State and tribal fishery managers and the Northwest Power Planning Council pressured BPA to provide funding to develop their own models. The leading state and tribal model of juvenile salmon passage is called FLUSH, standing for "Fish Leaving Under Several Hypotheses". A derivative model developed by staff at the Northwest Power Planning Council Model is called PAM for "Passage Analysis Model". Over the years, FLUSH has been invoked to support all kinds of expensive changes to dam operations. Yet, no one knows how the FLUSH model works because there is no manual explaining its operations. Nor is the model code available to anyone.

CRiSP, on the other hand, is available to anyone. You can call up to Dr. Anderson and get a copy of it. You can run the model on the Internet. There is a large and comprehensive manual that explains everything the model does, and the formulas that contain its assumptions. The manual is available on the Internet as well. (Dr. Anderson also runs the website with the single best collection of Columbia Basin salmon data, located at, and hosted by the University of Washington.)

To construct a computer model, the model builder relies on data gathered about what he is modelling and the relationships among the various factors. In the context of the Columbia River salmon migration, there are very detailed data available going back many years for river flows, temperatures, historic dam operations, harvest levels, and many other factors. The model must account for mortality across the concrete at the dams and for predation in the reservoirs. It must account for the percentage of fish that are transported around the dams.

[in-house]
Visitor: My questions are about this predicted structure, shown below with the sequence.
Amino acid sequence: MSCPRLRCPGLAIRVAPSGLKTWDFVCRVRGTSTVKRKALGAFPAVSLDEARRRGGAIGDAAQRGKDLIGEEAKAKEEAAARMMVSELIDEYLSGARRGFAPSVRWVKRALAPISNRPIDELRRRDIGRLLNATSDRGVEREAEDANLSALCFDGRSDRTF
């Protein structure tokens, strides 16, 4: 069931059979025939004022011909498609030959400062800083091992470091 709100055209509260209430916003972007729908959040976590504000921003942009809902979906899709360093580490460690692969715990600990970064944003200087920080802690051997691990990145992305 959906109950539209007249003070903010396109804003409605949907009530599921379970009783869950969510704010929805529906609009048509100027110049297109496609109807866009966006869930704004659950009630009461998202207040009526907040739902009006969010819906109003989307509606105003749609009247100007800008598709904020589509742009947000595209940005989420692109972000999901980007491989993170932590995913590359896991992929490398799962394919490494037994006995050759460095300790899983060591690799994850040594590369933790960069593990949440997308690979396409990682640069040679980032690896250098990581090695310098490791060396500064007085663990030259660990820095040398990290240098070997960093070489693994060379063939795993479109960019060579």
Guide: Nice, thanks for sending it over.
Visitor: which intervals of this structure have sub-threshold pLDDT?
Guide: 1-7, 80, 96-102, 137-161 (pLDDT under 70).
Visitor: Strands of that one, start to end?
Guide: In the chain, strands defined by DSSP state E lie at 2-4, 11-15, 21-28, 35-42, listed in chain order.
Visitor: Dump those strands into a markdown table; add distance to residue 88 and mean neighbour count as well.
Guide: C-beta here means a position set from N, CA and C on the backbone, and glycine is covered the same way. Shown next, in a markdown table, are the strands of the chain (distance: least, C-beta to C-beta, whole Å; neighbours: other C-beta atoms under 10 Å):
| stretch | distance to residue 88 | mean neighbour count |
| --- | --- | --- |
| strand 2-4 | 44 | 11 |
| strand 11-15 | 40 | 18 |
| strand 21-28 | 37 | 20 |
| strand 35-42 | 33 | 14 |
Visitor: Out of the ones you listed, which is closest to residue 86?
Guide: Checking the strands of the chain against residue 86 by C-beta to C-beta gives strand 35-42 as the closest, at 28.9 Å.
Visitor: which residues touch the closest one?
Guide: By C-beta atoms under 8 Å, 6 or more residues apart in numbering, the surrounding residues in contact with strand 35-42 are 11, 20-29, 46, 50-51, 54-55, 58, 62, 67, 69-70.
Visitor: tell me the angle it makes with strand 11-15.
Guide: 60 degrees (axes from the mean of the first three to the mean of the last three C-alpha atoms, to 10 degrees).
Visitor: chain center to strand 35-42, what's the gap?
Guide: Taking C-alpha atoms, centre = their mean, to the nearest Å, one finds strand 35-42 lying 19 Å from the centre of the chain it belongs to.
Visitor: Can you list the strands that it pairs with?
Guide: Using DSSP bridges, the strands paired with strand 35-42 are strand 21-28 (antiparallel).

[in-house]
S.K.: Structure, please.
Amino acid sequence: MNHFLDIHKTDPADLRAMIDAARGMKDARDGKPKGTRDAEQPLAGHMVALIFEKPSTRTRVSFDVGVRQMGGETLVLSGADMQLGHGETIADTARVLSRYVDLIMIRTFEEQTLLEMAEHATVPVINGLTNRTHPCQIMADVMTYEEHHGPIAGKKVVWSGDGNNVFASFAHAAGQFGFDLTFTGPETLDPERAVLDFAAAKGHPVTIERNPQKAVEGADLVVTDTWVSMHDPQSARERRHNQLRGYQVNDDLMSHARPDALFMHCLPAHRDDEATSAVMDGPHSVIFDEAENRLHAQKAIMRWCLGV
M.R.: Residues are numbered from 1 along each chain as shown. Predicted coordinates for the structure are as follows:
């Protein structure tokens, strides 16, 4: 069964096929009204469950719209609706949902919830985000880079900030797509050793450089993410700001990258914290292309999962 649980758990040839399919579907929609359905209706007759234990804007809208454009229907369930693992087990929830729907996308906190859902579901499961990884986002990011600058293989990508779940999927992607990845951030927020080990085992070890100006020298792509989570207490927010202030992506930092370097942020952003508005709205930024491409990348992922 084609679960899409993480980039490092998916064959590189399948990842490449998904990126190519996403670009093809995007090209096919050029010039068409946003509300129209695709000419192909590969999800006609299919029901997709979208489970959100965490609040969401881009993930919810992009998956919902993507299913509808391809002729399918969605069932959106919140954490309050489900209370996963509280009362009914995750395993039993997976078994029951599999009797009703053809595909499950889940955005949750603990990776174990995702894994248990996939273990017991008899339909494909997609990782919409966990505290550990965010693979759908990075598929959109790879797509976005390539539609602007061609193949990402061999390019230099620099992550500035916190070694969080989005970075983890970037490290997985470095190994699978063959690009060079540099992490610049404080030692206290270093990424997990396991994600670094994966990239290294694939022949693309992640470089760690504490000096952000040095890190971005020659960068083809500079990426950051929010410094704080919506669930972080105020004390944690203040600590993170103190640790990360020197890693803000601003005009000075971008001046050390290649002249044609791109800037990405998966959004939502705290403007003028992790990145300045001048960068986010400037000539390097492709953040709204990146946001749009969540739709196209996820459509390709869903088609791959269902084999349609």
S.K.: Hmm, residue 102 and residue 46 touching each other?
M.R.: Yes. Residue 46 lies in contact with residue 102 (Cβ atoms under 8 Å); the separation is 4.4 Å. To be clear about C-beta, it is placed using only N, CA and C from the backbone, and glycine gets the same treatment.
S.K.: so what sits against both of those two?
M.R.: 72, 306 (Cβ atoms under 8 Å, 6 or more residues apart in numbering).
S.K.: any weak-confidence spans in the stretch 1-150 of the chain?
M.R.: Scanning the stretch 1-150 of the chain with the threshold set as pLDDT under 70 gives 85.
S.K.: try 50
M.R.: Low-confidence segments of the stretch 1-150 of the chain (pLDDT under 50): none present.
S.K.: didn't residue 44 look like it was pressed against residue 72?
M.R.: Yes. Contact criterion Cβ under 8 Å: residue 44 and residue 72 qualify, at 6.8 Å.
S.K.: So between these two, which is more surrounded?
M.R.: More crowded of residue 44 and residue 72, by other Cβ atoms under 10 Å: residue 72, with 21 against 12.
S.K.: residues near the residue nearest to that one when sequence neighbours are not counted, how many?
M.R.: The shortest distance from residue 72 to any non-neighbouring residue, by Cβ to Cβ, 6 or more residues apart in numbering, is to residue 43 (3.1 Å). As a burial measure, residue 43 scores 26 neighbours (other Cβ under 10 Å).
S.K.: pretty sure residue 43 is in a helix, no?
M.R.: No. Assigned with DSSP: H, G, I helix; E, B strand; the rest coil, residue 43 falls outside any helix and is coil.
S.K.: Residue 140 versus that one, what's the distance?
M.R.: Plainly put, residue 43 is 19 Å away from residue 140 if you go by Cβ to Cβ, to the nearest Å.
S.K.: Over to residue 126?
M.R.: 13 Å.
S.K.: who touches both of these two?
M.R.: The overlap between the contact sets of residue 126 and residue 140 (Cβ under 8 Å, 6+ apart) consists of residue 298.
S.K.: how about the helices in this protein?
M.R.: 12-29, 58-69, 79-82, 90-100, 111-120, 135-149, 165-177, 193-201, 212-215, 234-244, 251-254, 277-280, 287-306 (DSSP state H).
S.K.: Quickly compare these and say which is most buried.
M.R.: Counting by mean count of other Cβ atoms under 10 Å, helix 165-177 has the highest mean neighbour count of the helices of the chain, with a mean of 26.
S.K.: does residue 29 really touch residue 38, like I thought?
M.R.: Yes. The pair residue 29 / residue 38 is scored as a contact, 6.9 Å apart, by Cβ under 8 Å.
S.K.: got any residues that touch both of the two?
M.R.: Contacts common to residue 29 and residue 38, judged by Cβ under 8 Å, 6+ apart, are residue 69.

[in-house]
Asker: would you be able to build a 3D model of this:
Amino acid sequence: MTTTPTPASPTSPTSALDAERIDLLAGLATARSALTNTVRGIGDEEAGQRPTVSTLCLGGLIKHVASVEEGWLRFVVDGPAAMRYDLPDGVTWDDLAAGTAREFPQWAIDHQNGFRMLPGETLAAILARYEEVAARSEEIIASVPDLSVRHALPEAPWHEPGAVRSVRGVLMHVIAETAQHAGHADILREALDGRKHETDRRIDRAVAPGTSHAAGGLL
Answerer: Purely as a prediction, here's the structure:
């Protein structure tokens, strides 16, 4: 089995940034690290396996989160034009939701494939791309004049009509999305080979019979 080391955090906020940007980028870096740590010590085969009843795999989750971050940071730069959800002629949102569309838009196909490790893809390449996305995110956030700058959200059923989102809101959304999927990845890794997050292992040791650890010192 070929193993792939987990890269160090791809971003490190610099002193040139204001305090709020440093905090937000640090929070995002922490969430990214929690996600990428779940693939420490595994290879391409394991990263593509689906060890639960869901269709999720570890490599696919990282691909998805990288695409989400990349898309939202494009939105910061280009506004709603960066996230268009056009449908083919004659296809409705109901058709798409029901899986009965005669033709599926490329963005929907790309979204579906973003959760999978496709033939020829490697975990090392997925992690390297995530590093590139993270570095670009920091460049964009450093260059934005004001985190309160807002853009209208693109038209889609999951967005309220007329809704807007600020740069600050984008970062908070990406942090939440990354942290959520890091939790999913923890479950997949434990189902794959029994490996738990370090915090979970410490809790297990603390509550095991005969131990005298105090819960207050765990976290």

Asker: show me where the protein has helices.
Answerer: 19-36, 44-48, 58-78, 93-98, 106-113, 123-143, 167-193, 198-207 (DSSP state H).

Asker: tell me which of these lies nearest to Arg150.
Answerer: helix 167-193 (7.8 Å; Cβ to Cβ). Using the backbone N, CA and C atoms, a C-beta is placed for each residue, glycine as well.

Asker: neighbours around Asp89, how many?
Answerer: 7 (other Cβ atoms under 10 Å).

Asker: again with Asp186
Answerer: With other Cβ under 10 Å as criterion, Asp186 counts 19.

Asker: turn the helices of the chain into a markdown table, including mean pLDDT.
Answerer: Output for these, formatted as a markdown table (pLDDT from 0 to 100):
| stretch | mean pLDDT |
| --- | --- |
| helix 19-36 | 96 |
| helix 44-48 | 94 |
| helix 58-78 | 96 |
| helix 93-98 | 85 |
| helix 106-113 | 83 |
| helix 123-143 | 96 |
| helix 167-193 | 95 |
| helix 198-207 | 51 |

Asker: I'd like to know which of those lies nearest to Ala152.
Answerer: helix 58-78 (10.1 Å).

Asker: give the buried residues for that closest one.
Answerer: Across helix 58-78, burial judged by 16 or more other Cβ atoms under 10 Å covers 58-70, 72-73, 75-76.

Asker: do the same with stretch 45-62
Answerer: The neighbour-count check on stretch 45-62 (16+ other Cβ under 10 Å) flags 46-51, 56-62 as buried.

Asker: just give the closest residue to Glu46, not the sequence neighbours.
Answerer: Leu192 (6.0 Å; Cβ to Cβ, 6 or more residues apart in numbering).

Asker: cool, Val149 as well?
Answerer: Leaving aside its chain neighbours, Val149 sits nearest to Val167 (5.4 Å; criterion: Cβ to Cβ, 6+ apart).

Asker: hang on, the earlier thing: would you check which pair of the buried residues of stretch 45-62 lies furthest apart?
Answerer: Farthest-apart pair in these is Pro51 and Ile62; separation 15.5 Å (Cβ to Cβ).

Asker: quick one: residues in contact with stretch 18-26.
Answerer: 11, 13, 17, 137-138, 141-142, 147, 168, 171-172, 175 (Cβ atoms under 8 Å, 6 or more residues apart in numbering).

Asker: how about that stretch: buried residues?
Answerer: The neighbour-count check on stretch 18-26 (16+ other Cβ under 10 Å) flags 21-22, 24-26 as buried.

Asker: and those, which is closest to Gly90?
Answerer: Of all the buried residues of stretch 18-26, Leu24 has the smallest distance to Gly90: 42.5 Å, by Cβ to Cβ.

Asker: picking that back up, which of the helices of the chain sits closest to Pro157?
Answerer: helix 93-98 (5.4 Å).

There is such a wealth of data that the construction of models proceeds in two phases. First, the model is calibrated against some of the data. This is, in a sense, the data that goes into building the model. Then, as new data become available or more old data are discovered, the model can be validated against this second set of data by using the model to predict what the first set of data says the second set of data will be.

For example, if we have flow and survival data for the 1980s and build a model calibrated against that data, when new data become available in the 1990s, we can run the model with new flows and see whether the predicted survivals with 1990 flows match the actual survivals measured in the 1990s.

In 1993, 1994 and 1995, new data became available based on a new and better method for estimating survival based on PIT-tags. The CRiSP model predicted survival consistent with the new data. The FLUSH model did not.

I asked Dr. Anderson to review the limited information that was available about the operation of the FLUSH model. He concluded that the assumptions that went into it were wildly unrealistic. For example, one of the chief characteristics of the FLUSH model is that it predicts very great survival increases from fairly small increases in river flow, because it is based, in part, on the long-discredited Sims and Ossiander flow/survival relationships.97 Dr. Anderson discovered that the way this was accomplished was by inserting a relationship under which, as flows increased and travel time decreased, survivals went above 100%—an impossibility.98 The model is also hard-wired to pretend that smolt transportation does not work.